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A Journal on Surgery

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Chirurgia 2013 February;26(1):5-11


language: English

Incidentally detected dural arteriovenous fistulas in the anterior cranial fossa: report of four cases and review of literature

Takeda N. 1, Tatsumi S. 1, Nishihara M. 1, Kidoguchi K. 1, Kohmura E. 2

1 Department of Neurosurgery, Nishi-Kobe Medical Center, Kobe city, Japan; 2 Department of Neurosurgery. Kobe University Graduate School of Medicine, Kobe city, Japan


Aim: Dural arteriovenous fistulas (DAVFs) in the anterior cranial fossa are very rare, but reports of these lesions have been increasing recently due to the development of magnetic resonace imaging (MRI). The aim of this article was to study the frequency, treatment modalities and outcomes of DAVFs in the anterior cranial fossa before and after the introduction of MRI and analyszes the predictive factors for hemorrhage.
Methods: We summarized the characteristics of clinical features, neuroimaging, treatment modalities and outcomes of 154 reported anterior cranial fossa DAVFs, including our four cases.
Results: Most cases present intracranial hemorrhage, accounting for 55.1% (85 hemorrhagic cases of 154 cases). However, reports of non-hemorrhagic cases (especially incidental cases) have been increasing after introduction of MRI. Reported non-hemorrhagic cases comprised 5 of 34 cases (14.7%) before 1990, but 64 of 120 cases (53.3%) after 1990. The frequency of varices was significantly different between hemorrhagic cases (78.9%) and incidental cases (53.8%) (p=0.005, Fisher exact test). DAVFs accompanied by varices were liable to bleed. Craniotomy was yet a choice of treatment for DAVFs in the anterior cranial fossa but recently successful occlusion of lesions by transarterial and transvenous embolization was reported.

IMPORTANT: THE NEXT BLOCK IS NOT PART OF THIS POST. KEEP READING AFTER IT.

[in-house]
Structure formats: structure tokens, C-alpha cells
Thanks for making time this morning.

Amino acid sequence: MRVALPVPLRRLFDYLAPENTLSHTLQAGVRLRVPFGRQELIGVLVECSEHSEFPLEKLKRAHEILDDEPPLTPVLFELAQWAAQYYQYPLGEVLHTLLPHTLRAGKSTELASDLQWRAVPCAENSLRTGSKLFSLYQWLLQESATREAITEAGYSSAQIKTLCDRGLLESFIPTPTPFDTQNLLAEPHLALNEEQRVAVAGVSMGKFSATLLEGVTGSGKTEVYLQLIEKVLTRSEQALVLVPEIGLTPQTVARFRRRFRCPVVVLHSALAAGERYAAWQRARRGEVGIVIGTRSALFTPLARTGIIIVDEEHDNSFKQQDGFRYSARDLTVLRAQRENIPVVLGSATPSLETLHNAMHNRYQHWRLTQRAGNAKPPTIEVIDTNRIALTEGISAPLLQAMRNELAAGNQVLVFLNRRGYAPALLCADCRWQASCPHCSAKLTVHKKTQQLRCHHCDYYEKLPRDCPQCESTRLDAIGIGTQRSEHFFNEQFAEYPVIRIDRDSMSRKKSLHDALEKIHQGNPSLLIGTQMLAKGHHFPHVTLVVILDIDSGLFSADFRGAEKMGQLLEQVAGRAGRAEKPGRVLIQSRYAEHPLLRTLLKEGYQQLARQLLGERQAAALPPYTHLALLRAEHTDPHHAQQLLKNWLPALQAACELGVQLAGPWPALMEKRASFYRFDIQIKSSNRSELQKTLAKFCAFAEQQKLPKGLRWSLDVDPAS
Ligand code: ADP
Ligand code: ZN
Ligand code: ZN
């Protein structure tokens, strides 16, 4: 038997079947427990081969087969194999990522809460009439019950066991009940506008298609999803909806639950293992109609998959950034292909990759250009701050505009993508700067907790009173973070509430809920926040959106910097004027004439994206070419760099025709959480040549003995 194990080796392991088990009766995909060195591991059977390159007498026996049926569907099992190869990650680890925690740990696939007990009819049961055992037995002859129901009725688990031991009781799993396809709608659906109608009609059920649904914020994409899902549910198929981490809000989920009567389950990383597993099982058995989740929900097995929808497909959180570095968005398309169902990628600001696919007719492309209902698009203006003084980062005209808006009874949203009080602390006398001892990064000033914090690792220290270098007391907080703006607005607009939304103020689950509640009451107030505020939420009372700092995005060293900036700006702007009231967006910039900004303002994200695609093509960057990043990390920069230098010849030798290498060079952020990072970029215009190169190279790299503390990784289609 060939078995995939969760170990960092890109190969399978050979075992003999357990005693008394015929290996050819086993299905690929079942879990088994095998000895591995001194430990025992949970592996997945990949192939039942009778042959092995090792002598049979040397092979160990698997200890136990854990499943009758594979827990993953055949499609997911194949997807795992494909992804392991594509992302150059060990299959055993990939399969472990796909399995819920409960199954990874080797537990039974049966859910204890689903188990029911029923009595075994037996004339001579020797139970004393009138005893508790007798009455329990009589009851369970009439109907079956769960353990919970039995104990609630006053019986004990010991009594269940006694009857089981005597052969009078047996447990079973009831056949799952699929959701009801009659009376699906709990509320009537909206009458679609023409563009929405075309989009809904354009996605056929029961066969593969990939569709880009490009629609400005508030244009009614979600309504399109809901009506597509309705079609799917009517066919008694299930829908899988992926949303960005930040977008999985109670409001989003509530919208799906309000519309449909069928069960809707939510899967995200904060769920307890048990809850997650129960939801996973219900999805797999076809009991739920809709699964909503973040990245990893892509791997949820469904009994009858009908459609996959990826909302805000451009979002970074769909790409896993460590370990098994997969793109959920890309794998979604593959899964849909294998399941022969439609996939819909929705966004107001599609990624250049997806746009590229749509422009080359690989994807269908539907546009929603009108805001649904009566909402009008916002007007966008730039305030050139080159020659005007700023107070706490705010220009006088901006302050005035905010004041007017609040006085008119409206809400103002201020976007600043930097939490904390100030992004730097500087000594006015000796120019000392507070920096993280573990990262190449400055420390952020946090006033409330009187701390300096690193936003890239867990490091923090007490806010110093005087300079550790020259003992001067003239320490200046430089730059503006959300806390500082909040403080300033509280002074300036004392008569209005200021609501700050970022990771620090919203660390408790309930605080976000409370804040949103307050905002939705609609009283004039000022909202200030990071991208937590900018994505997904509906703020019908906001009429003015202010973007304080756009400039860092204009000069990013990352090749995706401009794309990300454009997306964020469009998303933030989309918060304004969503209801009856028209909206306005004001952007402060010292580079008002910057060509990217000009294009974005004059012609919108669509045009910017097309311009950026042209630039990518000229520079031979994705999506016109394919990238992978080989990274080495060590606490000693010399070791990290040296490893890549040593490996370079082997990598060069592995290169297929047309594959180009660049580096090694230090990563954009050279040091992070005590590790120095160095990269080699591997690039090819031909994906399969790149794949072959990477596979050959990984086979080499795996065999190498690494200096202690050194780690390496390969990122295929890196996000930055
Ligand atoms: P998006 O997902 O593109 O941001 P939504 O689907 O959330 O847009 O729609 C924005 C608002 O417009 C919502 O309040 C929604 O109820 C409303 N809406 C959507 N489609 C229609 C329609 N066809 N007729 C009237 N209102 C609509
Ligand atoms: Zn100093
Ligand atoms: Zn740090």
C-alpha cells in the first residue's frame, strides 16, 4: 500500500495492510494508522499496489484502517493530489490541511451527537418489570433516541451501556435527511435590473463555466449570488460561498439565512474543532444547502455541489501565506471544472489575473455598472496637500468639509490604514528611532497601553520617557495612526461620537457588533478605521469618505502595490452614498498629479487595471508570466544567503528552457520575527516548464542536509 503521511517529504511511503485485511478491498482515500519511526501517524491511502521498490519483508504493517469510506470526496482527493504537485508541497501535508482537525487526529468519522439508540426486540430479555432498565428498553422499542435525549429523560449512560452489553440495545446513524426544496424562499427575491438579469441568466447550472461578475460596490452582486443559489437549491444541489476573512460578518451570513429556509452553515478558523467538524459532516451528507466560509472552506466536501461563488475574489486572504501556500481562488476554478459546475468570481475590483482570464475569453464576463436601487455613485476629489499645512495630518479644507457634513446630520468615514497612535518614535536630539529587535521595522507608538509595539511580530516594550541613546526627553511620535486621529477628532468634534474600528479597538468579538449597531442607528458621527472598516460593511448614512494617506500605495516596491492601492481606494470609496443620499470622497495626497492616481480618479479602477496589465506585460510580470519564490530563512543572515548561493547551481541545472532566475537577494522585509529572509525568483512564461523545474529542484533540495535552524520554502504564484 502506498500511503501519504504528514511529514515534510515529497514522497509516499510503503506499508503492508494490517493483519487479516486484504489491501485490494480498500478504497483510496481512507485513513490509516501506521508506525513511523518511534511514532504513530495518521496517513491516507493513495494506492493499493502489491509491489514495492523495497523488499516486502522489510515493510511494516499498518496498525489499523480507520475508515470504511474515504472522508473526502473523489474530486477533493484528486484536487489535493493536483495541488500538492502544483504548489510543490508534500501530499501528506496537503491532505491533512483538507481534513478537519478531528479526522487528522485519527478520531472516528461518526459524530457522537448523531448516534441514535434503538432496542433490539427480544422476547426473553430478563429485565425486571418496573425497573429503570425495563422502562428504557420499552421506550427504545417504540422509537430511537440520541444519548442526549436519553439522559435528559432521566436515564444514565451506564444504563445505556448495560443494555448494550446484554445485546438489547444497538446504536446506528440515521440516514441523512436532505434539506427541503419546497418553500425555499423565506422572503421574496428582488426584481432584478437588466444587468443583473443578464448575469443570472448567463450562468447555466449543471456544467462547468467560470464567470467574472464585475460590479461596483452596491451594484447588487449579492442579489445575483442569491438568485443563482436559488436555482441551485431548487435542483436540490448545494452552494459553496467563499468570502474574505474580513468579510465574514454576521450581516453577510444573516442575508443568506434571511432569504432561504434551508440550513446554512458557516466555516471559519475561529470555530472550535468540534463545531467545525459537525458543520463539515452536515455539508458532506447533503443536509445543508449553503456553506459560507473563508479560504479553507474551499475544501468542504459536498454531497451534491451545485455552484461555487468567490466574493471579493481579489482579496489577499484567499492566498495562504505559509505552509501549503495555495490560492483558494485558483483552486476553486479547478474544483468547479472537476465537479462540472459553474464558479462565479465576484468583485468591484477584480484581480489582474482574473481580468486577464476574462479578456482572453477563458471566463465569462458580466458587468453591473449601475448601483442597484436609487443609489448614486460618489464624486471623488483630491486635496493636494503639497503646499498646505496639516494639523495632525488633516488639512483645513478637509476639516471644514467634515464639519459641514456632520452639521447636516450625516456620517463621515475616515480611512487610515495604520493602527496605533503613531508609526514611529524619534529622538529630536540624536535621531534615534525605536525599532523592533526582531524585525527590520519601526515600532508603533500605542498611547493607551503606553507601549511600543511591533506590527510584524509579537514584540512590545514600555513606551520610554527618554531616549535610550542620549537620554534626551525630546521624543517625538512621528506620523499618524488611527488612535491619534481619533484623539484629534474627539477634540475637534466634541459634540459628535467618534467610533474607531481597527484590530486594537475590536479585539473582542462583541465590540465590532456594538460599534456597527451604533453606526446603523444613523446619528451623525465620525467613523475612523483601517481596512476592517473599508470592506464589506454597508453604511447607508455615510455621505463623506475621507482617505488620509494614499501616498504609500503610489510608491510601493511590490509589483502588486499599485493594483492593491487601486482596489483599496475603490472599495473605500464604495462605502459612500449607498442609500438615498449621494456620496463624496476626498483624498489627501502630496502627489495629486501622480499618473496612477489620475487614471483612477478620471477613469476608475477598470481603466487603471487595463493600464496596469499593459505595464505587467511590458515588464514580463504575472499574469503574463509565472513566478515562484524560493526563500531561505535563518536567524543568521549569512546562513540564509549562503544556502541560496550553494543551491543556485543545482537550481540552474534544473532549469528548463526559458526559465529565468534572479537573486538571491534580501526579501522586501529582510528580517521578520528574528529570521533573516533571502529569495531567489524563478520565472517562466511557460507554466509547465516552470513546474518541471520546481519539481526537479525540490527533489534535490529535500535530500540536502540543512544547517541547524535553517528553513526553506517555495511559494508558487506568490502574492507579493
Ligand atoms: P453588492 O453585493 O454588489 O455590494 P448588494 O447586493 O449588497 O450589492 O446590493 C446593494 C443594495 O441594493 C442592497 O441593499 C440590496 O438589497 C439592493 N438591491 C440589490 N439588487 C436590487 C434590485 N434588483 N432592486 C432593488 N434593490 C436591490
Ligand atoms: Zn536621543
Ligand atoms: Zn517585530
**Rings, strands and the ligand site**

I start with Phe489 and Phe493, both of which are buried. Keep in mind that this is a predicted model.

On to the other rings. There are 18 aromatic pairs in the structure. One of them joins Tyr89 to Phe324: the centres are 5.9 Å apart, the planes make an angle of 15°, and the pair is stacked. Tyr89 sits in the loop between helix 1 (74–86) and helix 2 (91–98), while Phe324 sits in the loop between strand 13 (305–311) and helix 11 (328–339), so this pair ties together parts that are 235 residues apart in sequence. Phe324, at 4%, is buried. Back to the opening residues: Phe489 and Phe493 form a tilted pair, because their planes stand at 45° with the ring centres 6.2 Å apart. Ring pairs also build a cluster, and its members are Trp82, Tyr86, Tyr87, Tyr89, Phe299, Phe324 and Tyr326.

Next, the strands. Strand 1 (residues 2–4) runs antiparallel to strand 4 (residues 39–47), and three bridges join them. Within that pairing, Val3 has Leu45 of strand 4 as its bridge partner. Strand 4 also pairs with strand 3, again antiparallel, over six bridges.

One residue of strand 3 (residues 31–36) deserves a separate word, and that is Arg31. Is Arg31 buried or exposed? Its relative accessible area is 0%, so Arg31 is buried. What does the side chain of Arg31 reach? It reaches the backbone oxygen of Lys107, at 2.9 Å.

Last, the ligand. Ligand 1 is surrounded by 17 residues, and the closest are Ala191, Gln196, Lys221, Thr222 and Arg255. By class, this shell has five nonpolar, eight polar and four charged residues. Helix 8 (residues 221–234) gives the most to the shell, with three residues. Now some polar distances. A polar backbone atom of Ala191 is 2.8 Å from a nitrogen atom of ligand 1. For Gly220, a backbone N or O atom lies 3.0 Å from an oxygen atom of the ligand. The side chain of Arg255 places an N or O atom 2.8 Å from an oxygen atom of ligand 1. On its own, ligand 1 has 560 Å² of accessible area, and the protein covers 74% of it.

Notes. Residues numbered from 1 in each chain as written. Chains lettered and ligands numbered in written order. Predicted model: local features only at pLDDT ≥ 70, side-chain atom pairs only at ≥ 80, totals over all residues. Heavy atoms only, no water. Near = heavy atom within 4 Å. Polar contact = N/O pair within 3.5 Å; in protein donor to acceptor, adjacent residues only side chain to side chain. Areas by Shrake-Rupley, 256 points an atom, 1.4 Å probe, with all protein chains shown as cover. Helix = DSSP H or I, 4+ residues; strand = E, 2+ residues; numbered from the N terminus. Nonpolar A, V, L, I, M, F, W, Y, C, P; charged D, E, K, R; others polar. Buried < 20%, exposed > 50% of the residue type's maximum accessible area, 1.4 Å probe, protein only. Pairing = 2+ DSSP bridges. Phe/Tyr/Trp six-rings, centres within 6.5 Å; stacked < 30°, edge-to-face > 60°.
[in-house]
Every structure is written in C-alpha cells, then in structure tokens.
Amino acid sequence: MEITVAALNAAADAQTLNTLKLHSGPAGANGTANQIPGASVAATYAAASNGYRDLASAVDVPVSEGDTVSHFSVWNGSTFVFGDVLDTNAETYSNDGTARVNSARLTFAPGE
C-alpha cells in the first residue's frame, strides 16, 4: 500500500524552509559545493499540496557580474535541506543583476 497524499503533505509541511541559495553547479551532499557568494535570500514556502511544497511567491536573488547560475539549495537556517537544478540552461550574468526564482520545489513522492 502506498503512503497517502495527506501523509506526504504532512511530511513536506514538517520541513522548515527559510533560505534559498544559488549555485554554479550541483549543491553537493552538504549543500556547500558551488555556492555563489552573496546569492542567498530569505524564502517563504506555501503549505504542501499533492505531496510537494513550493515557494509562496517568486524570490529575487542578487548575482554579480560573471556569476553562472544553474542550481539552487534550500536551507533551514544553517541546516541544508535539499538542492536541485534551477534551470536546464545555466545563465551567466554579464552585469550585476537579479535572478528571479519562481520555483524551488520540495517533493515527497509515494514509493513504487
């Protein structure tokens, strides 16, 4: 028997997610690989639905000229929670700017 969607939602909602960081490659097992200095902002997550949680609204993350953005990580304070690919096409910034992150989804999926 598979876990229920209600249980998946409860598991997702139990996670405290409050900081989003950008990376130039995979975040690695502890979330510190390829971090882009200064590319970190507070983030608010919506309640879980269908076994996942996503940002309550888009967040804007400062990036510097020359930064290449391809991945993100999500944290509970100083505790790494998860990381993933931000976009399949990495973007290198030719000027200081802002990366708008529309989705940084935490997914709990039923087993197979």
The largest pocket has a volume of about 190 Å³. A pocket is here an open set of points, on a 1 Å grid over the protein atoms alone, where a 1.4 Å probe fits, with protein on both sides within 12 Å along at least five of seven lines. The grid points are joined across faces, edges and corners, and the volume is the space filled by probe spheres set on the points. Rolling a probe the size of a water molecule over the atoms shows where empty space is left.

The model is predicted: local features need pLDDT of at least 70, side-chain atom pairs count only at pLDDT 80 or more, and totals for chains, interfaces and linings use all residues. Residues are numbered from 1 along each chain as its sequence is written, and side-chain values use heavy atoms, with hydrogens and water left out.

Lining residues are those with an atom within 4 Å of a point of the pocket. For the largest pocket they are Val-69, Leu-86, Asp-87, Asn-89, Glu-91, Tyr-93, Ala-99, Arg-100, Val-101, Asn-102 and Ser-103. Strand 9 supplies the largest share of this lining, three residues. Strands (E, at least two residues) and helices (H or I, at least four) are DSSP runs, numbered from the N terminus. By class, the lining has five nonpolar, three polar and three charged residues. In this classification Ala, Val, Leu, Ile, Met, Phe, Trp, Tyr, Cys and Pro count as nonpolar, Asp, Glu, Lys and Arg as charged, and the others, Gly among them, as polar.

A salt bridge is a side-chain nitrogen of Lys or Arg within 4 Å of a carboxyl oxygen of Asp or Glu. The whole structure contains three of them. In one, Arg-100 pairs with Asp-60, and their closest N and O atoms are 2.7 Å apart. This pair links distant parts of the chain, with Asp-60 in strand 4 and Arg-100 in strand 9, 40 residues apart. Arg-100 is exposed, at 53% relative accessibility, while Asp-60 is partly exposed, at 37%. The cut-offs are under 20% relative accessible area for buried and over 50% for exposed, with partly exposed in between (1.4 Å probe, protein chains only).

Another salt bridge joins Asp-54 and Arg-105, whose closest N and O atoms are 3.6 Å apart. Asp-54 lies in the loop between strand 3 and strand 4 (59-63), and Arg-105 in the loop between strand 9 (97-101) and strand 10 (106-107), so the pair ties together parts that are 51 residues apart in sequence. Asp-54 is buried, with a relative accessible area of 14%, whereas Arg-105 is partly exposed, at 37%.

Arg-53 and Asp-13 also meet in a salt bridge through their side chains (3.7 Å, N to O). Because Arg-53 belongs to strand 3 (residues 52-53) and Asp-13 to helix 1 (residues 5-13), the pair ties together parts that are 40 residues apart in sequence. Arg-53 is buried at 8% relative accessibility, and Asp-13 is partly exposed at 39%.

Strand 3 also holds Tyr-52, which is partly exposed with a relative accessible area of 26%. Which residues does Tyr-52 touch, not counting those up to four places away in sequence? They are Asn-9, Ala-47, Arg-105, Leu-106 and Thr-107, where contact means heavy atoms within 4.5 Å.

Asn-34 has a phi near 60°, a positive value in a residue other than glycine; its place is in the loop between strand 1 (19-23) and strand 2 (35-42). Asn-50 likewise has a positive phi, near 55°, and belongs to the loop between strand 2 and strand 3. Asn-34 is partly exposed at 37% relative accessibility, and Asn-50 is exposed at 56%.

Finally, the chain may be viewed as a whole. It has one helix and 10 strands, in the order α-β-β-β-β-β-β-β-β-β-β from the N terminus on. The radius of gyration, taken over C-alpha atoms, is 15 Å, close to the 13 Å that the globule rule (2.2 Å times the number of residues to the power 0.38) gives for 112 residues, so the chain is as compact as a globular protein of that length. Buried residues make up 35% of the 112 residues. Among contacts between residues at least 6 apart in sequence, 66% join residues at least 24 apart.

Conclusion: We emphasize the increase in incidentally detected cases and the need for surgical obliteration of fistulae of incidental detected dural AVF with varices.

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